NAIROBI, Kenya, March 25 – Kenya has made remarkable progress in the use of family planning, this is according to the Performance Monitoring for Action (PMA) survey conducted in 11 counties which revealed the use of modern contraceptive methods increased from 56 percent in 2019 to 61 percent in 2020.
The survey conducted between November and December 2020 by the International Centre for Reproductive Health (ICRH) in partnership with other government agencies noted that the increased use of contraceptives led to a decline in unintended pregnancy from 42 to 37 per cent over the same period.
“In 2020, 28 percent of the pregnancies were wanted later while 10 percent of women wanted no more children, about 3 in every 10 nonusers intend to use contraception in the next 12 months.” the survey noted.
The principal investigator of the survey Prof. Peter Gichangi noted that out of the 9,000 respondents interviewed, 44 percent reported having received information before using family planning methods while 57 percent said they did not receive any information.
“Such information includes possible side effects or problems, where to go if and when they experience them, other family planning methods available apart from the one they were getting, and whether they could change,” Mary Thiong’o, PMA Kenya Senior Technical Advisor at ICRH Kenya pointed out.
The survey, sponsored by the Bill and Melinda Gates Foundation, further noted that 78 percent of the respondents said they involved their partners before using the contraceptives while 22 percent who are mainly adolescents said they did not involve their partners.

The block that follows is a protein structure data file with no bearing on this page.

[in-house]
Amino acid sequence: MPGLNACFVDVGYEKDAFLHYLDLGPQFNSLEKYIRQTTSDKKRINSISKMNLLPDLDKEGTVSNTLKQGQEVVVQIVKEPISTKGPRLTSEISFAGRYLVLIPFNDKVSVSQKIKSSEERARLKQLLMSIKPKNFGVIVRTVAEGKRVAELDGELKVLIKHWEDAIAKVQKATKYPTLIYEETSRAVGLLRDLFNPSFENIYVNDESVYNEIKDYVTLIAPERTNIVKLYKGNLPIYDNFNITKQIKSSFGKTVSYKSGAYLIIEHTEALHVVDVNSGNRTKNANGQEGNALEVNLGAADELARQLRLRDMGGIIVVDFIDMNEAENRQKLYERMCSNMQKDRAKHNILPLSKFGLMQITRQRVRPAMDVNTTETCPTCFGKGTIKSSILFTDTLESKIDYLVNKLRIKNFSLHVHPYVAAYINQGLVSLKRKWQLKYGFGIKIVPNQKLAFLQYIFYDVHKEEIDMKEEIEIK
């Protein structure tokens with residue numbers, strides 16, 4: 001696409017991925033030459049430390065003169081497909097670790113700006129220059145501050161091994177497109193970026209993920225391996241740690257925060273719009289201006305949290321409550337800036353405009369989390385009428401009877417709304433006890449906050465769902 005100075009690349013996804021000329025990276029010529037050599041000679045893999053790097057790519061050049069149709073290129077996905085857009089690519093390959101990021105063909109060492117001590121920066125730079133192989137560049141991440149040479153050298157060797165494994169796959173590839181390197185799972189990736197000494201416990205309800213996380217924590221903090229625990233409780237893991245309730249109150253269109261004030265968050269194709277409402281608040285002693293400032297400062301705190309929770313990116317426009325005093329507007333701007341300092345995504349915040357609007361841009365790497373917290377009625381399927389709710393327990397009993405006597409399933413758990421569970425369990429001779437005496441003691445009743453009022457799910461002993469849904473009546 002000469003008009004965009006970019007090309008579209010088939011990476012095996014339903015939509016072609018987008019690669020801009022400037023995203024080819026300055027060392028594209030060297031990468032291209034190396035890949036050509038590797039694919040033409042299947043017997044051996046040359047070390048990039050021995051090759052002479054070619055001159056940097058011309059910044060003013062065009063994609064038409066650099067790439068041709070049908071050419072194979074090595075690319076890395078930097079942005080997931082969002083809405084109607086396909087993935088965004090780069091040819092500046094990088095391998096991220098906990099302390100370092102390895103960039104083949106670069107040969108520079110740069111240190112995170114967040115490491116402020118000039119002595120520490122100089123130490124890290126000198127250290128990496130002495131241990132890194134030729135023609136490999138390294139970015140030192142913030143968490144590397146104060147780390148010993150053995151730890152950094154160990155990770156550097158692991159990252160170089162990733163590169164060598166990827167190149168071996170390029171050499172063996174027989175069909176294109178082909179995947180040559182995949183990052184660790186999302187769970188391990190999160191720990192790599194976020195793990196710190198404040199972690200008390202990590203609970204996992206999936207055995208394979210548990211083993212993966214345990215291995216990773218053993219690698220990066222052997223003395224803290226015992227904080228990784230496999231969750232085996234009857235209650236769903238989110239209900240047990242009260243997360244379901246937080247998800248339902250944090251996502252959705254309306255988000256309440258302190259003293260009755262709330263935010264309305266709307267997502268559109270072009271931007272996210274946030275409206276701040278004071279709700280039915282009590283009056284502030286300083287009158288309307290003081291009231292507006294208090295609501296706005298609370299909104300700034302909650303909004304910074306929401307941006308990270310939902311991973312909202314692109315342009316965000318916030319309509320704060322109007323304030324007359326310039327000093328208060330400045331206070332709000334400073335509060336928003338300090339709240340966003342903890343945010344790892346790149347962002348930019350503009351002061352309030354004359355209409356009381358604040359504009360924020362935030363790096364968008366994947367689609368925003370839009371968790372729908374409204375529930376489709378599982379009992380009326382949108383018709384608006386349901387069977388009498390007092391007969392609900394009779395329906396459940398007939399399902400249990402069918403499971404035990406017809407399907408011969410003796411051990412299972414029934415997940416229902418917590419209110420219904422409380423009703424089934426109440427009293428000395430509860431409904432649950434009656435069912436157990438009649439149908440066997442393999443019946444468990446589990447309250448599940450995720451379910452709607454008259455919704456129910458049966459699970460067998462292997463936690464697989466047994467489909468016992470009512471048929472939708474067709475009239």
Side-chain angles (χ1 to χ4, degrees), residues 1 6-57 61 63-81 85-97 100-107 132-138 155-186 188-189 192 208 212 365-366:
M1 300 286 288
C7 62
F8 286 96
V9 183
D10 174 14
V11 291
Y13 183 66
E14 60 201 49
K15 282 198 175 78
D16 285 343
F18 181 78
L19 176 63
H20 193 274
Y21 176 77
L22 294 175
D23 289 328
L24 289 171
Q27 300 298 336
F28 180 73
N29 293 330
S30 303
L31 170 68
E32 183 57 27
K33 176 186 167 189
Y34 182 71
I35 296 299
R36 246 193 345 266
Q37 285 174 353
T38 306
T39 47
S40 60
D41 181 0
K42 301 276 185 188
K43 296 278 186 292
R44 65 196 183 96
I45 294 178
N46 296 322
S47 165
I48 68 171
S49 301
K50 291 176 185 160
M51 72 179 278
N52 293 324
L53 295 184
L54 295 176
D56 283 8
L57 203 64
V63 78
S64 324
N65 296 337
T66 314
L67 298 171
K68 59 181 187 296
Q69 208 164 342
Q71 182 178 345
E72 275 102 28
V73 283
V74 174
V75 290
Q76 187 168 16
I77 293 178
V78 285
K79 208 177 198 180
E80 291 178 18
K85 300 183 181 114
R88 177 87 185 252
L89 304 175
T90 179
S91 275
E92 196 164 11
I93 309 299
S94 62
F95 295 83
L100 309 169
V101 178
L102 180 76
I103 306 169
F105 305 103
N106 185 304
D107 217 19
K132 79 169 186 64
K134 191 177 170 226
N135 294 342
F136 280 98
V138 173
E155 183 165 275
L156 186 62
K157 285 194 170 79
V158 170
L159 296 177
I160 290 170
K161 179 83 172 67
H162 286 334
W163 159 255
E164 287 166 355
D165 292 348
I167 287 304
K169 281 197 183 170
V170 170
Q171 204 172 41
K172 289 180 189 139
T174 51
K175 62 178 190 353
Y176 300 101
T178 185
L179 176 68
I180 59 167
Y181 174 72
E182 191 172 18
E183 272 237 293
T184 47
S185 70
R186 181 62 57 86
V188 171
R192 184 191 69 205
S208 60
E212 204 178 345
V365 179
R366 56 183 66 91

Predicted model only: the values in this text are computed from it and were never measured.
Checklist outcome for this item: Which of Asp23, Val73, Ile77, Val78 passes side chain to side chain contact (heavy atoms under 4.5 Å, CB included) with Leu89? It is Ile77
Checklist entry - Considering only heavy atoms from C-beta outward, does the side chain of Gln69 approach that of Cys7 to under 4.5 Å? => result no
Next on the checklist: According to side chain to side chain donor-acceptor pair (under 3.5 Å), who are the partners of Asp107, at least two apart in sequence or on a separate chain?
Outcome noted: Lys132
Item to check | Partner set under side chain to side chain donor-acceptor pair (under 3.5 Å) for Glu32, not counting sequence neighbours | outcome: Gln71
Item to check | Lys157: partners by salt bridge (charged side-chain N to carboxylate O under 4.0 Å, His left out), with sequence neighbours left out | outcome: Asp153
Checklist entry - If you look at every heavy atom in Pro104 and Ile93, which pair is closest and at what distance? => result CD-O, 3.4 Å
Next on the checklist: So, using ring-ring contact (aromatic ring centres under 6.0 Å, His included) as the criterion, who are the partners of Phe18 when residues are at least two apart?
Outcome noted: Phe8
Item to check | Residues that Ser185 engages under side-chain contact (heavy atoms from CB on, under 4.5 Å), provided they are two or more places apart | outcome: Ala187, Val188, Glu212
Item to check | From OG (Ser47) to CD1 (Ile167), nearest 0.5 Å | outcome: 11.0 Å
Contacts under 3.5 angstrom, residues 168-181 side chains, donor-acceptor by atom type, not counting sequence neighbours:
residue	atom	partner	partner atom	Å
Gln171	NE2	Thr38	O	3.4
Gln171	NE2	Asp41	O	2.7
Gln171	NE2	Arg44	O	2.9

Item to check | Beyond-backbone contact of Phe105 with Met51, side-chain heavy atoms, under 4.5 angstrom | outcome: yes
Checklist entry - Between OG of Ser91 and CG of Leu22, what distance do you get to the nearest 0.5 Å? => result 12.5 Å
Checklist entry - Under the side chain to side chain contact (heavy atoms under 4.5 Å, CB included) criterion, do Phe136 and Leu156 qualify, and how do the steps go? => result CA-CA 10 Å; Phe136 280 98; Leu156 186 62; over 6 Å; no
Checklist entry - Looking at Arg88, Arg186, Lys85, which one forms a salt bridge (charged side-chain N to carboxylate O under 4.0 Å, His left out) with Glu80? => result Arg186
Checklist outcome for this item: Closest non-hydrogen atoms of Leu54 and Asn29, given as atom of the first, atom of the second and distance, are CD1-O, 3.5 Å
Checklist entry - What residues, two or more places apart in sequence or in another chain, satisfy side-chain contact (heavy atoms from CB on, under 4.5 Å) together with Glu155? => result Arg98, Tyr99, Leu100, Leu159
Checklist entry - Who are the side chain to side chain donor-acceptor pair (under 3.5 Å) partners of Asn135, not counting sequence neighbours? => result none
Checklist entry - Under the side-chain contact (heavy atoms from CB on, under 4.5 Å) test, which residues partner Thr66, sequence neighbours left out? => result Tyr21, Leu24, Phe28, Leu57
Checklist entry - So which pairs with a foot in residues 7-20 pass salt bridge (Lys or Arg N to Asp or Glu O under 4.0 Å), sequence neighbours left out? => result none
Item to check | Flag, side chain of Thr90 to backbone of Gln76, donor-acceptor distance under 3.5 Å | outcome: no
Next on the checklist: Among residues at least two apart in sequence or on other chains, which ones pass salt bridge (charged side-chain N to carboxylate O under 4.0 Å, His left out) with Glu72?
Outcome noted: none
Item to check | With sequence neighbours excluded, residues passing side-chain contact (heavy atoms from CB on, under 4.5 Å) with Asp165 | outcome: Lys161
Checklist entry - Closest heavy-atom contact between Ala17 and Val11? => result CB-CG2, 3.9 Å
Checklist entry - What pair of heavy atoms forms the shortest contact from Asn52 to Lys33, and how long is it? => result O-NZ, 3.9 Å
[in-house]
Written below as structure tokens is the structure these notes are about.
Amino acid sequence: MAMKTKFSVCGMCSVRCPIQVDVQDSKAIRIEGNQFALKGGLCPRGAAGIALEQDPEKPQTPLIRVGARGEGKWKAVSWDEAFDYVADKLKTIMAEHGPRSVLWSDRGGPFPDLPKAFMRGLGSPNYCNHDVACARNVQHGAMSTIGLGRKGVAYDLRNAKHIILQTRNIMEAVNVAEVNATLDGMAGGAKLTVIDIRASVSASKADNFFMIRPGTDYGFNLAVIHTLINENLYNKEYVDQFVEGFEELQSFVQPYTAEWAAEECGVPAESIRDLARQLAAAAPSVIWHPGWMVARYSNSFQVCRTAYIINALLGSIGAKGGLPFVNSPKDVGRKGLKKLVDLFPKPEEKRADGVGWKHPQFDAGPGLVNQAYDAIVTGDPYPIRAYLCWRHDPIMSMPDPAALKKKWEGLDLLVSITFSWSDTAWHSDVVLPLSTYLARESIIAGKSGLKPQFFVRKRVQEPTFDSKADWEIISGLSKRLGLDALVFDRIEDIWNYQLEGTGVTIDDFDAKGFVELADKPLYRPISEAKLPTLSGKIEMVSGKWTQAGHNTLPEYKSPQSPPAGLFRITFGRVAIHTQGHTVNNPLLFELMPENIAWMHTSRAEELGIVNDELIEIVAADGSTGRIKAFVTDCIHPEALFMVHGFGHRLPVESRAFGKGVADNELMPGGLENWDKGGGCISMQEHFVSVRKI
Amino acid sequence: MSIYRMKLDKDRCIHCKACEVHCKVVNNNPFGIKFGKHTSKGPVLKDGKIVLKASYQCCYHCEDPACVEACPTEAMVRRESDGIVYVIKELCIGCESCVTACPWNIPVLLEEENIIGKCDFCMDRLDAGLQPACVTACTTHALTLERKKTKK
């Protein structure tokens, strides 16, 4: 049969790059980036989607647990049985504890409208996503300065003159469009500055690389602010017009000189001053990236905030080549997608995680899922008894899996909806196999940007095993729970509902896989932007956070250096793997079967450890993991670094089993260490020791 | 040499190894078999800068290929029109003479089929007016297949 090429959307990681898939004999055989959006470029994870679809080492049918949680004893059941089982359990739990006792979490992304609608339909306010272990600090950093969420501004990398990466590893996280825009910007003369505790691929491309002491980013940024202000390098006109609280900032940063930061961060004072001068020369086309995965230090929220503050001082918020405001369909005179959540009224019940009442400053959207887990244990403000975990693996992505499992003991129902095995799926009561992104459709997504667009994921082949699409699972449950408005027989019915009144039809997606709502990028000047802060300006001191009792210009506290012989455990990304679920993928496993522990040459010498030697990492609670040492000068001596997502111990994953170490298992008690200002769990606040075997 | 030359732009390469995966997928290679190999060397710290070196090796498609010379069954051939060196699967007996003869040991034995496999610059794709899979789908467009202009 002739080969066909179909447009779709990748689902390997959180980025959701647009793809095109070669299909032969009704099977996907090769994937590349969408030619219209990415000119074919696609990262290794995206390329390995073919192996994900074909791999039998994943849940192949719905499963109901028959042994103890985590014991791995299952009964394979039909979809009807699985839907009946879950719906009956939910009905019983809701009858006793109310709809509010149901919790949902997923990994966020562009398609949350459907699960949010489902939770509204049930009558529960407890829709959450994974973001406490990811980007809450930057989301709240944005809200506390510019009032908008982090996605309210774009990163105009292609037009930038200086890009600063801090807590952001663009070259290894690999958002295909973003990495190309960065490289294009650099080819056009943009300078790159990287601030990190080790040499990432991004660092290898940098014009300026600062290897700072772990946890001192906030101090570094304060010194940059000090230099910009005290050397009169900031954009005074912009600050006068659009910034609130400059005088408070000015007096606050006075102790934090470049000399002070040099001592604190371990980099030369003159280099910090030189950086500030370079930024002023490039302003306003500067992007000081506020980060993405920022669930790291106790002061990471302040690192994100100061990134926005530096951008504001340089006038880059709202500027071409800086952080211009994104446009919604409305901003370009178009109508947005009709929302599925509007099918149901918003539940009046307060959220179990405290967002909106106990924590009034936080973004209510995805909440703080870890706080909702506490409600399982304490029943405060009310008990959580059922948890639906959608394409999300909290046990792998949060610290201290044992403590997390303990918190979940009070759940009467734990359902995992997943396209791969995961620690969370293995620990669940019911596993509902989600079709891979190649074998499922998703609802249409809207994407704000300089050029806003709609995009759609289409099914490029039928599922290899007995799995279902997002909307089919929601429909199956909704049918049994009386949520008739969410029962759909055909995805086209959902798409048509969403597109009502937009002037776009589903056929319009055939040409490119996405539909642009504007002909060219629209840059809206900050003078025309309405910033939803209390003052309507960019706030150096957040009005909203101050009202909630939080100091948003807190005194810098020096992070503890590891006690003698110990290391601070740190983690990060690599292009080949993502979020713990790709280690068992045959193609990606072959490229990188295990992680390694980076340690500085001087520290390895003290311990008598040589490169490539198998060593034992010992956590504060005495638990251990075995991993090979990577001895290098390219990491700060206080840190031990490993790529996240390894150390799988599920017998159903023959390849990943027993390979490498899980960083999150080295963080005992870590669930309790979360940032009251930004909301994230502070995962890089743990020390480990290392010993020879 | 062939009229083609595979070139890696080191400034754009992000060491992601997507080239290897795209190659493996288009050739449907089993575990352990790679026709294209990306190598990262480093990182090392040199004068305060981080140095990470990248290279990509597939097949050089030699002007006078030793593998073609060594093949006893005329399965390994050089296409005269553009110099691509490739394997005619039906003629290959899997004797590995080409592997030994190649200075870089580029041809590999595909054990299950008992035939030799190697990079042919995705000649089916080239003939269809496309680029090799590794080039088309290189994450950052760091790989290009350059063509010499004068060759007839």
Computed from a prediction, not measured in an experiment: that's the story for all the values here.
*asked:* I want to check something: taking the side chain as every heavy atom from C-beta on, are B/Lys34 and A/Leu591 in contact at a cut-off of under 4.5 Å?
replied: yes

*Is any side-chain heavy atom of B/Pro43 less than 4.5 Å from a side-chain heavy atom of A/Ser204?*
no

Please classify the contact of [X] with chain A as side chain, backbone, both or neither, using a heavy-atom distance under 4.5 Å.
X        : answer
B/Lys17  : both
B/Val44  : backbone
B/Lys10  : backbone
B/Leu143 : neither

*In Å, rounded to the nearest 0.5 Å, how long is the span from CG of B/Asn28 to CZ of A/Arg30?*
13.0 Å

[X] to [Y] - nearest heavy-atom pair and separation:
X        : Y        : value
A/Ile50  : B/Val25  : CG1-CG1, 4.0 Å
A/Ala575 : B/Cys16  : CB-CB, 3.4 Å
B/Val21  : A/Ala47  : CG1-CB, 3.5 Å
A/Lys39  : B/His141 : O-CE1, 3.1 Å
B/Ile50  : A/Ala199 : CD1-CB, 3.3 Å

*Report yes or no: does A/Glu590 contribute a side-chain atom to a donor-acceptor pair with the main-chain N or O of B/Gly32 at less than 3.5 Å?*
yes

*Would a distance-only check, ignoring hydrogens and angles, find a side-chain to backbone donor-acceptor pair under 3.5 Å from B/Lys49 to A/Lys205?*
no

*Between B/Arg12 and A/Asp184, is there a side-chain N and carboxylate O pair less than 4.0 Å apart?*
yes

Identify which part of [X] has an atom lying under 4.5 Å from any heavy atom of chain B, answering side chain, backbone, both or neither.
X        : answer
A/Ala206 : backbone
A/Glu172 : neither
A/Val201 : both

“What the government has put in place is bearing fruits, we are able to see an increase in the use of contraceptives and decrease in unintended pregnancies, this is not one agency, it’s a multi-agency interaction which has seen the country make progress,” Prof. Gichangi said.
Despite the presence of COVID-19 which disrupted health services, the survey noted that women still sought emergency contraception, condoms, pills, injections, and implants to delay or space pregnancy.
“The most popular method for the unmarried woman, the survey showed is, male condoms (29 per cent), the injectable and implants (both at 26 per cent). The married woman on the other hand preferred injectable (39 per cent) and implants (37 per cent),” the survey added.
Seventy-two percent of public health facilities reported having sufficient stocks of Implants, 87 percent had sufficient pills stock while 90 pc had stocked male condoms
70 percent cited delay in delivery of stock as the reason for insufficient stocks while only 1.2 percent attributed their insufficient stock to the coronavirus pandemic.
During the COVID-19 period, 80 pc of health facilities said the family planning services were not affected while only 5.1 pc said they could not offer family planning services.